The Bank of Canada meets on Wednesday to discuss monetary policy. At its last meeting in December, the Committee left rates unchanged at its all-time low of 0.25% and said it doesn’t see a rate hike until mid-2022. However, markets are pricing in over a 60% chance of a rate hike at this meeting.
Inflation remains high. The December print up ticked to 4.8% YoY from 4.7% YoY, the highest level since September 1991. At the last meeting, the BOC said that the elevated inflation was primarily due to continued supply chain issues and although the committee expects inflation to remain elevated through the first half of 2022, it also expects it to fall back to its 2% target during the second half of the year.
The labor market has been strong since the BOC’s December meeting. After adding an outsized +153,700 jobs to the economy in November, Canada followed up with an additional 54,000 jobs added to the economy in December, doubling estimates. The jobs were split nearly even between part-time and full-time. Employment is one issue the Bank of Canada doesn’t have to worry about.
EUR/CAD had moved lower throughout the fall of 2021 from a high of 1.5098 to a low of 1.4176. The pair then bounced to the 50% retracement from the highs of September 20th, 2021 to the lows of November 25th, 2021 near 1.4638 on December 20th 2021. Since then, EUR/CAD had been moving lower and made a marginal new low on Thursday last week at 1.4100, its lowest level since April 2017.
Source: Tradingview, Stone X
Notice on the bottom of the daily chart above that EUR/CAD has a strong, negative correlation to Crude oil (similar to that of USD/CAD). The current correlation coefficient is -0.84. Any reading of above +0.80 or below -0.80 is considered a strong correlation. Therefore, traders should be aware that when Crude Oil moves in one direction, often EUR/CAD will move in the opposite direction.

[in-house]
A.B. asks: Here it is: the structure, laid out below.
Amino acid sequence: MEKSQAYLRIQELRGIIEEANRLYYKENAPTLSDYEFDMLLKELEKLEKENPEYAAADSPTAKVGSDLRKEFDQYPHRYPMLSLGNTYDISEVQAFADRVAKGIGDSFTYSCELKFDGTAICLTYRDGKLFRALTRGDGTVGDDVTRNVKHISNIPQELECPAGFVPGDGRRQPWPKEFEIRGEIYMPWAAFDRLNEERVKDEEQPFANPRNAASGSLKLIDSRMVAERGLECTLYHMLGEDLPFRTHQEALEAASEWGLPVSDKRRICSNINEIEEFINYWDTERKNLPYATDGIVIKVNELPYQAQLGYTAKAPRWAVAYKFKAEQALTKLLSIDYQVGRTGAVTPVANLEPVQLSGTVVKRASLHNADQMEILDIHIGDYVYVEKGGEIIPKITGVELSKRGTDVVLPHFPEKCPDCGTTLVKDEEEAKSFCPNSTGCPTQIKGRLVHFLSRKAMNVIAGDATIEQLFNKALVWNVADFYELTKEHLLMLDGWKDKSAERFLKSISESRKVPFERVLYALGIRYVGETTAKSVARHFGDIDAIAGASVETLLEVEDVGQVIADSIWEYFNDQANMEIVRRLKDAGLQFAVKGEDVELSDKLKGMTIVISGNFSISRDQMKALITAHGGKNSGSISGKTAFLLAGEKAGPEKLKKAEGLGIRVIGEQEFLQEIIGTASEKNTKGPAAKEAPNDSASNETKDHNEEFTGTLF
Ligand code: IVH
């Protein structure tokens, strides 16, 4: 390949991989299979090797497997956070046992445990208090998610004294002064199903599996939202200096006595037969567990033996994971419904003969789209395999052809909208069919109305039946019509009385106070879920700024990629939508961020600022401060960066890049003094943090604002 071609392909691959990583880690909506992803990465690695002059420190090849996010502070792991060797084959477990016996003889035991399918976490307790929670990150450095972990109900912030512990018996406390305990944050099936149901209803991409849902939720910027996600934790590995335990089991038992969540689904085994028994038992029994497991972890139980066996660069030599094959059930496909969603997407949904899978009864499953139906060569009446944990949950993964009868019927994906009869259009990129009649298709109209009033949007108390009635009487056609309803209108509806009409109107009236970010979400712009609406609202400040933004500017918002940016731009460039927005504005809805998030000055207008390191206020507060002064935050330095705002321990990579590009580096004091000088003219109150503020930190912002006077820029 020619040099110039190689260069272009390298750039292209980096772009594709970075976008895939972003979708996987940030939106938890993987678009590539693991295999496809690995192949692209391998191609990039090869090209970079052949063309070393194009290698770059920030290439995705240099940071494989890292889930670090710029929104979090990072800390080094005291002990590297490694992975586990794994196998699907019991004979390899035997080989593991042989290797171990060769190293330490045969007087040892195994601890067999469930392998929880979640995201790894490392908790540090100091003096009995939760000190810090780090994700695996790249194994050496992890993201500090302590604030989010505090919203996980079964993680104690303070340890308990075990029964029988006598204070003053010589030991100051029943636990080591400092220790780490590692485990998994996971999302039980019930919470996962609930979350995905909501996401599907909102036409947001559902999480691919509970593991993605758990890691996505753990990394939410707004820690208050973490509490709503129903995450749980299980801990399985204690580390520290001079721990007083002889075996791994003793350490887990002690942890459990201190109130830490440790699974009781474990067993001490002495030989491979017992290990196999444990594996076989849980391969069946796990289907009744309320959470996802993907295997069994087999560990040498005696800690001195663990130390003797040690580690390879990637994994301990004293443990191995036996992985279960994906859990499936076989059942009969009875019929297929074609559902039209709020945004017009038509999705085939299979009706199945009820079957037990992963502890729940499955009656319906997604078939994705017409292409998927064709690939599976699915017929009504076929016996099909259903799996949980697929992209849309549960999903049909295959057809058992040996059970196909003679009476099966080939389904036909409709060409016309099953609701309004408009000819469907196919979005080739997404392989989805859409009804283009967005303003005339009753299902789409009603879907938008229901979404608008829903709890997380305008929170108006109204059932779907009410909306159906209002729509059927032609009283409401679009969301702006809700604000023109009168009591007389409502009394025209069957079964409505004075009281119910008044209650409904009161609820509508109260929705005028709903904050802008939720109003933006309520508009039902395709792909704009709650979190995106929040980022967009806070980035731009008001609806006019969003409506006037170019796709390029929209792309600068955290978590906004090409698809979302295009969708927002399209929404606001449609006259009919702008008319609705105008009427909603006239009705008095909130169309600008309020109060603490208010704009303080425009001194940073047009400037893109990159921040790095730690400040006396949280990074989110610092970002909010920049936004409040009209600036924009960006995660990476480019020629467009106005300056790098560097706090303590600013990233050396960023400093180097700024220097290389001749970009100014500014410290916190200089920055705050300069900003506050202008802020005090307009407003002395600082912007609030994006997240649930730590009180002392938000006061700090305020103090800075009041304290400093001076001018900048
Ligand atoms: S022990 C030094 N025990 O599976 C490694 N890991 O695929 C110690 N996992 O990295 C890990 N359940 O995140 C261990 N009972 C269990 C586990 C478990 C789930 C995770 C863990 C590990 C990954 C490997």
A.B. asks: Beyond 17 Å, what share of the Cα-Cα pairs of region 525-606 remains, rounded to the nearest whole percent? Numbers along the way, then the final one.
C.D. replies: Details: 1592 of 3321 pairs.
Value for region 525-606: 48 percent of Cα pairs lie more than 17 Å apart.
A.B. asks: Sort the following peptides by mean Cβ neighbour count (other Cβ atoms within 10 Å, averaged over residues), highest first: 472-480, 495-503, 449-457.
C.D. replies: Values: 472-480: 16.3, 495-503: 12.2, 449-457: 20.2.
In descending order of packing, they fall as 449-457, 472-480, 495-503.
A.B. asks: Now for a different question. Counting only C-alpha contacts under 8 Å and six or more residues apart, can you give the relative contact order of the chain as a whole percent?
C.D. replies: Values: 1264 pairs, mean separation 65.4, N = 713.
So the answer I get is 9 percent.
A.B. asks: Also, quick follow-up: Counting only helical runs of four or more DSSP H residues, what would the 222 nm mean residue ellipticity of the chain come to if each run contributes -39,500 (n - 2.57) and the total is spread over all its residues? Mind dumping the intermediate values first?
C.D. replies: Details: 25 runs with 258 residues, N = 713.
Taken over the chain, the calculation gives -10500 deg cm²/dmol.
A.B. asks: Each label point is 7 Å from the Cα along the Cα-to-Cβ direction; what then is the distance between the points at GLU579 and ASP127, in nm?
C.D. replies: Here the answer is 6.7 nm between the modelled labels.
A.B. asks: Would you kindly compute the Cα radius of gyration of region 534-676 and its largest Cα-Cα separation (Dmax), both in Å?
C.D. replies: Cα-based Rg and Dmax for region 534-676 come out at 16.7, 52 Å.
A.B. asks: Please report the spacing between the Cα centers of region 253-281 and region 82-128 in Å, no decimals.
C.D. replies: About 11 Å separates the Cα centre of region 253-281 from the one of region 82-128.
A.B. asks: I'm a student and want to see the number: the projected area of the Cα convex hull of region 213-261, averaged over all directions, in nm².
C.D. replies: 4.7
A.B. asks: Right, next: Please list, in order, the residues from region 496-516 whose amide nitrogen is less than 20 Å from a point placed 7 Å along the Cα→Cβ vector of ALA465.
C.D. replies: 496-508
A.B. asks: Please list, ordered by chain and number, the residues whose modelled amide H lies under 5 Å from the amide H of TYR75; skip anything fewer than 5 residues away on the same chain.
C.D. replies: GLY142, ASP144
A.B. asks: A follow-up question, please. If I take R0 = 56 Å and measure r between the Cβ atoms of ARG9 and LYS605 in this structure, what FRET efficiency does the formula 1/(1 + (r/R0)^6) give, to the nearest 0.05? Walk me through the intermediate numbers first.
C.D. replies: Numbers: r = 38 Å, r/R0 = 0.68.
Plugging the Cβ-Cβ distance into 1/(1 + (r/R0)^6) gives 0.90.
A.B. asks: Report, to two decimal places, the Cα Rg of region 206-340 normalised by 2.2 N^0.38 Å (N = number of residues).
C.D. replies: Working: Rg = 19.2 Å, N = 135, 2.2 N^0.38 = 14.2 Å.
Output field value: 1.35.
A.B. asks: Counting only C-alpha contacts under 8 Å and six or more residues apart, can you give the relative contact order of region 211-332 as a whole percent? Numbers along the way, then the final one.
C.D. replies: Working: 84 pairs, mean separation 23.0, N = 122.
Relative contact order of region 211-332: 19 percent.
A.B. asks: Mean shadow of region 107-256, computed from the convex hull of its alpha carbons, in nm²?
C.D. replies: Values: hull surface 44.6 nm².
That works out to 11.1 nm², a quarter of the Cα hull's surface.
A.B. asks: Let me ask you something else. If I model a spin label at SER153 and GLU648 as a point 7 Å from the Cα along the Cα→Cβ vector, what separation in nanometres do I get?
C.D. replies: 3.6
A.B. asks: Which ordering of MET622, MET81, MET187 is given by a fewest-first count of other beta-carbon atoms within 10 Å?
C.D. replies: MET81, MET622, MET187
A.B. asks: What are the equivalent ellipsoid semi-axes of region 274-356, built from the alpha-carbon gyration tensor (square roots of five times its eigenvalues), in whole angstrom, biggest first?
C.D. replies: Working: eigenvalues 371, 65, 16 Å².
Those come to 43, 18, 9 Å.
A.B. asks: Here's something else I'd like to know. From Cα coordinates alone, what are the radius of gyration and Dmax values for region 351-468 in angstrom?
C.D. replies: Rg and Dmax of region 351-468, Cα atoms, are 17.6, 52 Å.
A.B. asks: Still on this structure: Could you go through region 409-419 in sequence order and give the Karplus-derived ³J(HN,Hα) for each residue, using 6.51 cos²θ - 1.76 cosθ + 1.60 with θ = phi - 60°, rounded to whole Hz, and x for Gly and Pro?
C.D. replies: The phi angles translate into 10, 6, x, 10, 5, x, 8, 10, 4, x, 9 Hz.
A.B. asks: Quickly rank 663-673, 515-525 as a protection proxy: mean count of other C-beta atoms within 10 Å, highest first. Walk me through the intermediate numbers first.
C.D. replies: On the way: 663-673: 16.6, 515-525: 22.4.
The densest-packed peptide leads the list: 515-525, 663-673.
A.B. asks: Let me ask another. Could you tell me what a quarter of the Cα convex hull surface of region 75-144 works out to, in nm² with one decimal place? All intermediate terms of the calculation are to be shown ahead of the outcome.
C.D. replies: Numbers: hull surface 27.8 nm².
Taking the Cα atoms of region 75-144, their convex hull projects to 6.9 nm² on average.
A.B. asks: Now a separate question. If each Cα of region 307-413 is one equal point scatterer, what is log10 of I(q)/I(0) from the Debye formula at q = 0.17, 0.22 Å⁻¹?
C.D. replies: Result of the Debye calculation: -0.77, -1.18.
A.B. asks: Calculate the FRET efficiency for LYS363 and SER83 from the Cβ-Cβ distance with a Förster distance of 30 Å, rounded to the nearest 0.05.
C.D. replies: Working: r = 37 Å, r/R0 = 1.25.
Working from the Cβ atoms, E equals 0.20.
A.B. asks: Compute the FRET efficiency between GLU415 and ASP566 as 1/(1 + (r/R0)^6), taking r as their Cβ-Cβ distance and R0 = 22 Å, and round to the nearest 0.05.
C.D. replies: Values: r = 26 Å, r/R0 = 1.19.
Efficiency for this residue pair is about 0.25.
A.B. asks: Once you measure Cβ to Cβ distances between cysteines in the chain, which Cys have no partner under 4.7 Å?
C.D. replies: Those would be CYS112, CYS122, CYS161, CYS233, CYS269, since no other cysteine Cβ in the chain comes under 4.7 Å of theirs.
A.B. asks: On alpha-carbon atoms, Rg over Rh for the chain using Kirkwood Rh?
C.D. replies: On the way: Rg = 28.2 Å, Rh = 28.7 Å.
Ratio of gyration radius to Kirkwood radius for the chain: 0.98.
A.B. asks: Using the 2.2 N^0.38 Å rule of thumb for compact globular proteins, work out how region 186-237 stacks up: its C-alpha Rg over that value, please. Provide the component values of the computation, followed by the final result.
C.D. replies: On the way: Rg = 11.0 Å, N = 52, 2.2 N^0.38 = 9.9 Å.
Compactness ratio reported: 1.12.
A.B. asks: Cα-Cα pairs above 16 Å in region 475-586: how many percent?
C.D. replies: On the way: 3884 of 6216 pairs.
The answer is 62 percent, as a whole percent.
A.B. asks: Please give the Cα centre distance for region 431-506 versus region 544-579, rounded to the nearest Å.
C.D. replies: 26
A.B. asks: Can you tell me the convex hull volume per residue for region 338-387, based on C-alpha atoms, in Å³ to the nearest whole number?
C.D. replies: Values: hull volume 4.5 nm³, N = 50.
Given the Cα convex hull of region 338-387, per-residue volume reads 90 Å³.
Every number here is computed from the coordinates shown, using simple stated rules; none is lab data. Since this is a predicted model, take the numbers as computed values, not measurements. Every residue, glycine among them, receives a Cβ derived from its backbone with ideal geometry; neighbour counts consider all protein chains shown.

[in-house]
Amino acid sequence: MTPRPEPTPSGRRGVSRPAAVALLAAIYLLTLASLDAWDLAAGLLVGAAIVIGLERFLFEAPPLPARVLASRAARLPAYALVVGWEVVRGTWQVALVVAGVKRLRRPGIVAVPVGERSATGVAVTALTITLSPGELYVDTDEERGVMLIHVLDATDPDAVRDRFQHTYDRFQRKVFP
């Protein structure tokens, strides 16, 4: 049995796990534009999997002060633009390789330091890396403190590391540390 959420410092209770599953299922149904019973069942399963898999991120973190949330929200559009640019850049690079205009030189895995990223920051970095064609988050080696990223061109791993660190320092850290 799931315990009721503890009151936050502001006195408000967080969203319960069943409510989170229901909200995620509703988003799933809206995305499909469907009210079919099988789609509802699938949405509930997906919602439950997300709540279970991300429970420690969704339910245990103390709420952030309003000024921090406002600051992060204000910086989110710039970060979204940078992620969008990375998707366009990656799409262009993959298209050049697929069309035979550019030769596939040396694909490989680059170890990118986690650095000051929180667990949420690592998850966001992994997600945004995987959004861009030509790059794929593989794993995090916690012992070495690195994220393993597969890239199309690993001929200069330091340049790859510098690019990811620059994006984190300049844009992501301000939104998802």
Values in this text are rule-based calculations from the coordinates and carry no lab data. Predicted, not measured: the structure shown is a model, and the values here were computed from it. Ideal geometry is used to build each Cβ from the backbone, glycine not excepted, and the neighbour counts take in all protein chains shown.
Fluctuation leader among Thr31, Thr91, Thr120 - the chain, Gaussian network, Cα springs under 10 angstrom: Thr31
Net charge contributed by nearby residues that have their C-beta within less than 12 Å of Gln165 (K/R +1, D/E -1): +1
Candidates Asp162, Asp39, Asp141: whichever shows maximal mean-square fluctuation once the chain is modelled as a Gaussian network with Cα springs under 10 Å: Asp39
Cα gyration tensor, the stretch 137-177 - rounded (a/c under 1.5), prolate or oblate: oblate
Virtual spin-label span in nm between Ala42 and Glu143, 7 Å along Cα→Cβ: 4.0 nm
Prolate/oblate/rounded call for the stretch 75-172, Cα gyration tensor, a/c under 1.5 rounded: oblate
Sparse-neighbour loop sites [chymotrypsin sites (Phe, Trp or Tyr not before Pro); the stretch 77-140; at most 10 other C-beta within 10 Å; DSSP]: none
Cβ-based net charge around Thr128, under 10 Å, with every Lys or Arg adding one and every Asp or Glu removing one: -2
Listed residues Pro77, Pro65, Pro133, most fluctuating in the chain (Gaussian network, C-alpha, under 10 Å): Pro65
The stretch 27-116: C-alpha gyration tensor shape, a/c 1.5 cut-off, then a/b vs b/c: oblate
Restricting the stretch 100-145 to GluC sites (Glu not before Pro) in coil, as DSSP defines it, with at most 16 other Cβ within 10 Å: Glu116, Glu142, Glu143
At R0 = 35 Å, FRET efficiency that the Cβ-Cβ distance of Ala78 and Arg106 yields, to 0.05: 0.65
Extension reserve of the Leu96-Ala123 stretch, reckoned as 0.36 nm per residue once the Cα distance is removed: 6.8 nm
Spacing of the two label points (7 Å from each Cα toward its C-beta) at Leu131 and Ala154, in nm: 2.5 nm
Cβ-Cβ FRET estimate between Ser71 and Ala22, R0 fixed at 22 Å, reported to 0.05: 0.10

On a 240-minute timeframe, EUR/CAD tried to rally above a downward sloping trendline dating back to the December 20th highs, however failed to hold above it. Resistance is at the Monday’s highs, which is also near the 50% Fibonacci retracement level from the December 20th, 2021 highs to the January 20th lows and the 50 Day Moving Average of 1.4375. Above there is a confluence of resistance consisting of previous support/resistance near 1.4421 and the 61.8% Fibonacci retracement from the same timeframe near 1.4437. It looks like its wide open from there until long-term horizontal resistance at 1.4583 (see daily). Near-term horizontal support is at 1.4268 and 1.4219 before the January 20th lows at 1.4100. If price breaks below there, the next support is the April 2017 lows at 1.4030.
Source: Tradingview, Stone X
Although at the last meeting the Bank of Canada said they aren’t looking to hike rates until the mid-2022 quarters, the markets beg to differ. If not at this meeting, watch wording for when the rate hike may come. Also look for timing as to when the BOC may begin to let their balance sheet unwind. Regardless of that happens, there is plenty of opportunity for volatility in EUR/CAD!